You are a bit of a busy bee. What do you like doing and what’s still on the bucket list?
I’m at my happiest when I keep busy and I’m really competitive. Whether it’s hiking, sandboarding, playing table tennis or poker with the family and friends; any competition and I’m in. There is still a bunch of things I want to do. I still want to learn to play the piano and scuba dive; I still want to go sky diving and do a bungee jump. I want to go watch a Wimbledon final, the Masters and the Ryder Cup.
Who are your role models?
There are a lot of people I admire, but my real role models are my parents. They both show me endless support and love, so much that I could never be entirely thankful for. They have always pushed me to follow my dreams, and it is with the same hard work that they possess that I plan to accomplish my goals and dreams. My other firm favourite is Serena Williams. She’s a top female sporting icon with incredible strength, will and power and she advocates for all sportswomen.
With all that travelling in the US, what were your best and worst travel experiences?
The best were definitely visiting Hawaii, especially getting the chance to surf there, going to Las Vegas where we attended a David Guetta concert and played Black Jack at the Bellagio, and seeing the Big Apple. I also enjoyed playing golf in Vail, Colorado, visiting Miami and checking out all the millionaire’s yachts in Florida. The worst – when we went camping in December and it rained the entire holiday.
What did you miss the most about South Africa while you studied in the USA?
Real South African braais and bobotie.
If they announced you with a song at the first tee, what would they play?
It will be Katy Perry’s Roar, the Brillz Remix.
Let’s see if you are a romantic, an idealist or the practical type? If you were stranded on a desert island, what three items would you take with you and why?
Oh, I’m definitely a pragmatist. I’d take the essentials to survive: a machete, matches and a pot to boil water and cook.
How would you describe yourself in one word?
If you were granted three wishes, what would you ask for?
I only need two. To own a house at the coast, where I could surf in my free time and to have the funds to stay in the US and compete on the LPGA Tour.
If they made a movie about your life, which actress would you pick to play you and why?
That should be obvious. Definitely Charlize Theron. She’s blonde, brilliant and from Benoni!
Finally, what advice would you give youngsters just starting in the game?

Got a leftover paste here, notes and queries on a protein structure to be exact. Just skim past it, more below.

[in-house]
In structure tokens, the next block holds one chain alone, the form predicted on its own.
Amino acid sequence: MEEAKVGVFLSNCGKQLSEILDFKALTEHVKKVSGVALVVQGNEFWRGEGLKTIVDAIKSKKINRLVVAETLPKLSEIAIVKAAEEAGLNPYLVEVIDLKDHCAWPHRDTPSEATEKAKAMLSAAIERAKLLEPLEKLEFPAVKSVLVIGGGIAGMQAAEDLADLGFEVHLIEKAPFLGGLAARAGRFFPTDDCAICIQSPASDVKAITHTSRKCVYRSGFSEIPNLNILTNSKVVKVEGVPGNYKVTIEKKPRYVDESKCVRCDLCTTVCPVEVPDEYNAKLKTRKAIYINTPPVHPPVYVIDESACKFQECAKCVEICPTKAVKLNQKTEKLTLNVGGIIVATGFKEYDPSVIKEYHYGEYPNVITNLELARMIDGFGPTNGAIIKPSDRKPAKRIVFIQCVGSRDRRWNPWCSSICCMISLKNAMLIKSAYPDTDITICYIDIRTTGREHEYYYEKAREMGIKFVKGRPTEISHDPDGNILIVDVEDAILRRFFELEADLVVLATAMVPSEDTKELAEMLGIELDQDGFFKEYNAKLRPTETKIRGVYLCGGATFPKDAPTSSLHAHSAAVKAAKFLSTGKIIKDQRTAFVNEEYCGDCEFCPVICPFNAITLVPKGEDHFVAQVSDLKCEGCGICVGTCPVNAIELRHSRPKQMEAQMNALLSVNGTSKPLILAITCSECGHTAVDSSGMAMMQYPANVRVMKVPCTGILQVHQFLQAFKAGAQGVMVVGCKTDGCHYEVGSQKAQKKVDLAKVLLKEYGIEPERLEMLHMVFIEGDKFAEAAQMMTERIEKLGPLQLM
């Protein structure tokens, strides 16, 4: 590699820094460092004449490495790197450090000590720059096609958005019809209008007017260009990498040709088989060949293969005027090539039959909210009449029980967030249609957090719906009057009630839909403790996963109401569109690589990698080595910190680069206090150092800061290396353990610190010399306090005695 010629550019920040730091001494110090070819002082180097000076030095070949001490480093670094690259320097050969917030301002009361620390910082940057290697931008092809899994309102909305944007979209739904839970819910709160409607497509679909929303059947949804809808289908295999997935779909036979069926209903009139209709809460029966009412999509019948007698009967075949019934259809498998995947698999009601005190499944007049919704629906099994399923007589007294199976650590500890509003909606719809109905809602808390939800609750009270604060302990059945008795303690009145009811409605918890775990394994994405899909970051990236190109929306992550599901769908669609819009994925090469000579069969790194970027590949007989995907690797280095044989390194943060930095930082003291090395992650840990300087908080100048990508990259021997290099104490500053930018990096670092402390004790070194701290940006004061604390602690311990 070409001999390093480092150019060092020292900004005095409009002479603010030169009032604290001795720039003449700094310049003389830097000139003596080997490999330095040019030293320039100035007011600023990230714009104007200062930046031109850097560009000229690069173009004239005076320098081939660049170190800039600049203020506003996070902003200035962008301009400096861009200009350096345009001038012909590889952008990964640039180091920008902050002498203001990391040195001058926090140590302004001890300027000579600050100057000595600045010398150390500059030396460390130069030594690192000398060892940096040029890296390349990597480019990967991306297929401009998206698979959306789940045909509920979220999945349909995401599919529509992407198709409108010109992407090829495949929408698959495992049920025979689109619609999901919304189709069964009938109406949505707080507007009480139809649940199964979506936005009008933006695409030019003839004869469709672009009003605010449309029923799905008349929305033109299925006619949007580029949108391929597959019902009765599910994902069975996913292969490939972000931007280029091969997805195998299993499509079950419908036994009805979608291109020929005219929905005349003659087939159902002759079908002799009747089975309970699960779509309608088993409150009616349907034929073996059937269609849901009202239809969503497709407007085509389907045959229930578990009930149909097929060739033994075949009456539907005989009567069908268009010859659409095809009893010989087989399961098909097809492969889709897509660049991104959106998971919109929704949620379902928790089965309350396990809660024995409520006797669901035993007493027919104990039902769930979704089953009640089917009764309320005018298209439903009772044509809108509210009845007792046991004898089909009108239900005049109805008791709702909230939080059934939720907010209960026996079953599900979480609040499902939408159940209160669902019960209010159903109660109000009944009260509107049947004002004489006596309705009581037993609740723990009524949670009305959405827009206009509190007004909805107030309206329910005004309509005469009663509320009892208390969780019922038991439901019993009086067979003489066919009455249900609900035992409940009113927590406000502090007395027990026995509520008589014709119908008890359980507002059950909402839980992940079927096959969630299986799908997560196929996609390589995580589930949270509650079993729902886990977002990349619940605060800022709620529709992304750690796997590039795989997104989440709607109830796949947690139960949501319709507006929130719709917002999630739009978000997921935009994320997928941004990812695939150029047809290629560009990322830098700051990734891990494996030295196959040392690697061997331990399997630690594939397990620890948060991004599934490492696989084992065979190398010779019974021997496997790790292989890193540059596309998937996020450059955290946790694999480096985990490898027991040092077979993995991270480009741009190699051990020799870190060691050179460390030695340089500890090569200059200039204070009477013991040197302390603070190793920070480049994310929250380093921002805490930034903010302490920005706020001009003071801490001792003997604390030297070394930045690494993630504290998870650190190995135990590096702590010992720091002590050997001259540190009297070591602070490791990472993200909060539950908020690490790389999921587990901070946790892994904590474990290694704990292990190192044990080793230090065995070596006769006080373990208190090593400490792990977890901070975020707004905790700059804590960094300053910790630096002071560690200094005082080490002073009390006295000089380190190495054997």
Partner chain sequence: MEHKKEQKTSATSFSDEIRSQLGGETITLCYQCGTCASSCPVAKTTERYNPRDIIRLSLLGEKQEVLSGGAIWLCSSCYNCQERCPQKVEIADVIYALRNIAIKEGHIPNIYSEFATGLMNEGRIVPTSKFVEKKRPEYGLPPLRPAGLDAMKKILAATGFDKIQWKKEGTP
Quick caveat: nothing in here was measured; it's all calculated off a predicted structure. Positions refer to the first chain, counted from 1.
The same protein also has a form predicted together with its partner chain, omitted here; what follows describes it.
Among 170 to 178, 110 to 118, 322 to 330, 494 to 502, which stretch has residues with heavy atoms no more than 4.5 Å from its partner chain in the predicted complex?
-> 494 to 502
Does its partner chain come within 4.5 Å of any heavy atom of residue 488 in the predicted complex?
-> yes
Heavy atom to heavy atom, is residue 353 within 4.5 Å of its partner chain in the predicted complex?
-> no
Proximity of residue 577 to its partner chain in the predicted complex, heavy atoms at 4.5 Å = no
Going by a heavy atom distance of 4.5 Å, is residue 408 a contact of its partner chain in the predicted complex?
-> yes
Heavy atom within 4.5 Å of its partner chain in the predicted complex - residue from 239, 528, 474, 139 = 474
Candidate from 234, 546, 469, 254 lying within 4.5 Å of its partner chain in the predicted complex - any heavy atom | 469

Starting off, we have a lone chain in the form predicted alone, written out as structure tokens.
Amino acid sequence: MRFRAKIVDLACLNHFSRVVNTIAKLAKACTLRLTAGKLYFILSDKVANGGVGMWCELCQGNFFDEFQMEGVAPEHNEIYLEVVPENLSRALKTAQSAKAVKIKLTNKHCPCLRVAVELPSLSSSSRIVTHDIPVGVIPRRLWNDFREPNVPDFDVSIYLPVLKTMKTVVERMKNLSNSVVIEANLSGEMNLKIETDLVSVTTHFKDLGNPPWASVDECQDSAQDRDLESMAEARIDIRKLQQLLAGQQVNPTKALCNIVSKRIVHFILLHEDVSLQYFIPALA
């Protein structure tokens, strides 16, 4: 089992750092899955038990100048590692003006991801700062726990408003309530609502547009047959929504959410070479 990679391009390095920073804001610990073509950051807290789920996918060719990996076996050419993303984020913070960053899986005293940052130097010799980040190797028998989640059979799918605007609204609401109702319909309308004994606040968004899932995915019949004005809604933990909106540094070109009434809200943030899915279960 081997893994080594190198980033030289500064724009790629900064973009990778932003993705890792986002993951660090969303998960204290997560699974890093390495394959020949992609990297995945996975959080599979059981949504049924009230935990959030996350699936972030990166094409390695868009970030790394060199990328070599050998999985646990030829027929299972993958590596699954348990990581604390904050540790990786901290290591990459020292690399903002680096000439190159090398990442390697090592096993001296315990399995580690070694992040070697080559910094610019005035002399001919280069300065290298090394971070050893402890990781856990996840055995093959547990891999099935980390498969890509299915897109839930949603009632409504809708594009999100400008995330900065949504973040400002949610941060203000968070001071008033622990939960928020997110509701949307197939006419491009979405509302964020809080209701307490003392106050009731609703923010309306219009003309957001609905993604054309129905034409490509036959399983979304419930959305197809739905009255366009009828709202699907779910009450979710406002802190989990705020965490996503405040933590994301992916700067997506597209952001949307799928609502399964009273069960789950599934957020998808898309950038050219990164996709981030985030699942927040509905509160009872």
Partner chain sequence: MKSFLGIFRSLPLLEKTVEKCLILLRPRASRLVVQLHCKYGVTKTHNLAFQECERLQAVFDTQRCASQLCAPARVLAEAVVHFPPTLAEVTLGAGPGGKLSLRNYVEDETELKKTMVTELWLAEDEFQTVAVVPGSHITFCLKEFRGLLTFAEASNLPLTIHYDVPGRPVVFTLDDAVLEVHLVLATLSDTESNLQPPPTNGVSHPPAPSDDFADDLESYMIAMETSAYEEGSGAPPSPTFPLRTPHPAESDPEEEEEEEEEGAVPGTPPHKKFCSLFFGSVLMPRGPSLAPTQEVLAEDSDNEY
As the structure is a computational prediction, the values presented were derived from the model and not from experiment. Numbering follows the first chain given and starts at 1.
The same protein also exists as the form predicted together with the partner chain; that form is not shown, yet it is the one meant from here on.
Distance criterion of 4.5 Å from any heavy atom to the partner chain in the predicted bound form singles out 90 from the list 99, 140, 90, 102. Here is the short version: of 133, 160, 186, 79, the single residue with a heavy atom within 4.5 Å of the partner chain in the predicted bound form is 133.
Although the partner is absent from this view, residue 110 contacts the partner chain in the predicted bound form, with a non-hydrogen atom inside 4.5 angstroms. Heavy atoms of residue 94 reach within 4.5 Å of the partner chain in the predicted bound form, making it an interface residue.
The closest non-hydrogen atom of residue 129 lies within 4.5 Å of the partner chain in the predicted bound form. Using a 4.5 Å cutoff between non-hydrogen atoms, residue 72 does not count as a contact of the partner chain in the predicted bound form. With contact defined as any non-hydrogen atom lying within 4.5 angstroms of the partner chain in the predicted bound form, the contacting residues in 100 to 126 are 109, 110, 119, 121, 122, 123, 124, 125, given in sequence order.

If you want it, go and get it! Work hard, never give up and don’t let anybody tell you ‘You can’t’.
PARK ON THE RISE
Womens Golf South Africa Golfer of the Year for 2013 Carrie Park made her mark as an amateur on the 2015 Sunshine Ladies Tour with a second-, third- and sixth-place finish in events at Houghton, Glendower and Blue Valley.
The South Korean golfer prepared for her rookie debut in the SA Women’s Open last year by competing against the men on the IGT Tour for five months and she raised a lot of eyebrows when she upstaged Sunshine Ladies Tour winners Kim Williams and Monique Smit with a third-place finish at San Lameer Country Club.
Over her next three starts, the 19-year-old Park reeled in top-10 finishes in the Ladies Joburg Open and Ladies Tshwane Open and took fourth in the Chase to the Investec Cup for Ladies at Houghton.
Heading to the fifth event at Royal Cape, Park was determined to protect her fourth-place ranking in the Chase to the Investec Cup for Ladies with another solid showing in the Cape Town Ladies Open.
‘My coach Graeme Francis taught me that golf is a marathon, not a 100m sprint,’ Park said.
‘It took time before I started winning on the amateur circuit and some more time before I reached the No 1 ranking. I know I will need to pay my dues in the paid ranks, too, before I will start winning, so my main goal for this year is to keep consistent and try and make the top 10 for the Chase to the Investec Cup. And then we’ll carry on building from there.’
Park took up golf at the age of 12 and learned the game on a driving range in South Korea. When her father visited South Africa in 2012, he was impressed with the local amateur circuit. He enrolled her as a boarder at Southdowns College in Centurion and put GFG Academy coach Francis in charge of her career. Within a couple of years, Park dominated the local amateur circuit and rose to the No 1 spot in the WGSA rankings. She lived up to her star billing when she captured the Sanlam SA Amateur Stroke Play Championship in April 2014 and 12 months later, joined Ashleigh Simon, Kim Williams and Swaziland’s Nobuhle Dlamini as a ‘double’ winner when she defeated GFG Academy stable-mate for victory in the Sanlam SA Women’s Amateur Championship.